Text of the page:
Take My Advice (I’m Not Using It) – Crikey! It’s November again, time for the anchorages to begin filling up and the anchors to start a-draggin’.  In the spirit of trying to be useful, I’ve spent a few hours perusing old notebooks and clippings—looking for all those words of wisdom I’ve copied down over the years or clipped from a magazine here and there.  So, here follow some items I’ve thought valuable enough to take note of.  Very little of what follows is original, which probably makes it all the more useful.

First, setting the anchor.   The anchor watch feature on a GPS instrument can be very useful provided it’s been set properly. If not set at the point at which the anchor is dropped, then it’s going to give a very unbalanced picture. Here’s something a little more low-tech, and consequently more reliable.  If you’re concerned about dragging your anchor, grab your dinghy anchor out of the dinghy and drop it overboard from your yacht on a light line.  Tie the line to a pile of pots and pans from the galley.  If you drag anchor in the night, your pots and pans will be pulled from the cockpit table or wherever you piled them and make enough of a racket to wake the crew.

If you’re bare boating, always have your crew measure the length of your anchor chain and rode.  Don’t just accept the charter company’s claim that you have 150 feet or whatever.  Many times that 150’ turns out to be 85’ or 100’.  Best to know that before you drop anchor in a crowded cove minutes ahead of a squall.  In the same vein, no one ever lost their ship because they put out too much rode.  When in doubt, let it all out.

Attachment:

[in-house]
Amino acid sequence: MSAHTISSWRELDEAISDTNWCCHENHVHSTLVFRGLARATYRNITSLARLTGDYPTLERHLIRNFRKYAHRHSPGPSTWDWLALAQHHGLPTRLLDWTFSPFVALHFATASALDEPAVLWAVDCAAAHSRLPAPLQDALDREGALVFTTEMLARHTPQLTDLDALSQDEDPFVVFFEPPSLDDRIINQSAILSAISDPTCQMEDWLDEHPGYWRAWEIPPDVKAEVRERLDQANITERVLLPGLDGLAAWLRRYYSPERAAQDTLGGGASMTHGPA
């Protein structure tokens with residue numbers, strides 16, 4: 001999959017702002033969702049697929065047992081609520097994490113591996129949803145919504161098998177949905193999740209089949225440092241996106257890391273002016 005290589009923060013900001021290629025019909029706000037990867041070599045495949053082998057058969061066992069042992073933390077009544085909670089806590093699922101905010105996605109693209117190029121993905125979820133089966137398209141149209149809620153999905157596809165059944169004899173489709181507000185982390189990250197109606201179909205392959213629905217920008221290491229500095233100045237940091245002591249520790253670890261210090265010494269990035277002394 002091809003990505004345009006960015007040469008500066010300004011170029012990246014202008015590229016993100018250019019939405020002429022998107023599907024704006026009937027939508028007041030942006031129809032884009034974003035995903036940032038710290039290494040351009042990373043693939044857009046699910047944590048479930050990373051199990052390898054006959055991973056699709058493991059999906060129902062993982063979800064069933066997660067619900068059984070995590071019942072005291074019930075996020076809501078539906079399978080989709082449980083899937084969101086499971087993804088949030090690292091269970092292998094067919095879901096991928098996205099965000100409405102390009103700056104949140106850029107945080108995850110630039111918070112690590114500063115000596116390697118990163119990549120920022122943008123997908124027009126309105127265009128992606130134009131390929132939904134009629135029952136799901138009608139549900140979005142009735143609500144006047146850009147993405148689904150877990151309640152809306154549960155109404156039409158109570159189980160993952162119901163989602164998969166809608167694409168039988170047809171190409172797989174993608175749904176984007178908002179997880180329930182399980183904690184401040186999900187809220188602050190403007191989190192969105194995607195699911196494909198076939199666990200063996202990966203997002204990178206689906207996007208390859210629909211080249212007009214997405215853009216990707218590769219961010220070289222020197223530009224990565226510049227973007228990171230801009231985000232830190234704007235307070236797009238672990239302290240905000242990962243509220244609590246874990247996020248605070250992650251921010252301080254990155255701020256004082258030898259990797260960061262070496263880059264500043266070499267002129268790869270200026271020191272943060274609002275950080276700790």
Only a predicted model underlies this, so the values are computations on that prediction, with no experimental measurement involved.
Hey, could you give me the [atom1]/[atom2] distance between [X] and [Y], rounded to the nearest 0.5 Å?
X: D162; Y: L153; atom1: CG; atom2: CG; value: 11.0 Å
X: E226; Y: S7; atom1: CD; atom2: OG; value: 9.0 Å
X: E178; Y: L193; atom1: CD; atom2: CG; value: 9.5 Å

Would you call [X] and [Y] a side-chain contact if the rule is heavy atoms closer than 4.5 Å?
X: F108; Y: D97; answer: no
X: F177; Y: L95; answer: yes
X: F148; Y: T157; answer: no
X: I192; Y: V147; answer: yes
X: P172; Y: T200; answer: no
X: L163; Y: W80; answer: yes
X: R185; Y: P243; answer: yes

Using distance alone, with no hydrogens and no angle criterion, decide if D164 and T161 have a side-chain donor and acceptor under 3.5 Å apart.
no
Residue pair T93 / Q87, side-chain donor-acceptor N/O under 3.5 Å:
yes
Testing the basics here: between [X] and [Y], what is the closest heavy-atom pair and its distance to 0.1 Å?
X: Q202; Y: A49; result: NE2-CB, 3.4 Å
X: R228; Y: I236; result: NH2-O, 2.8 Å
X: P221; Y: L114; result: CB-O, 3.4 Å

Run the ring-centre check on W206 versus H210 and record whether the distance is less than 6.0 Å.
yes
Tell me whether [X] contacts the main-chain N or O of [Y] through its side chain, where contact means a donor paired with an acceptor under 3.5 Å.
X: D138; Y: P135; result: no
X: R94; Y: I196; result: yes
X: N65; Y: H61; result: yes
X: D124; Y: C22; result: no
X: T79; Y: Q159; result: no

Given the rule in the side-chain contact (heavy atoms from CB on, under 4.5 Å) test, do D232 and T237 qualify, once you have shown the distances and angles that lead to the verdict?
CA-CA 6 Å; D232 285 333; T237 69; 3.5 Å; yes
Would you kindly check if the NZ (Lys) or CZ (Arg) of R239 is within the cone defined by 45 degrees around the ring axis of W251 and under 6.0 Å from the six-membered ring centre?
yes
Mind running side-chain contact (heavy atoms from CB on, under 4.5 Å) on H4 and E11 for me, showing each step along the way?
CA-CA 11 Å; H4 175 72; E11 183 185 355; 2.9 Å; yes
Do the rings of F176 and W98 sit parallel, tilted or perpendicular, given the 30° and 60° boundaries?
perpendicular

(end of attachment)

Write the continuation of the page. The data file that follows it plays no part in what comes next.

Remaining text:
Bright sunlight can be confusing, making buoys disappear or, just as bad, making all colour turn to black.  When trying to see what’s between you and the sun, try clenching your fist and looking through the barrel formed by your fingers.  Often works and this will reduce glare substantially.

And, when looking for a buoy or a marker, you could try turning your gaze away and using your peripheral vision.  Slowly sweep your gaze to-and-fro across the area you expect the marker to be and you’ll be surprised how easily you’ll find it.

Finally, if you’re the only one aboard who knows how to sail or to operate the vessel, make sure you show someone else how to furl the Genoa, how to start the engine and, most important, proper procedure for using the VHF.

That way, the crew can call and get that extra bag of ice delivered without disturbing your afternoon siesta.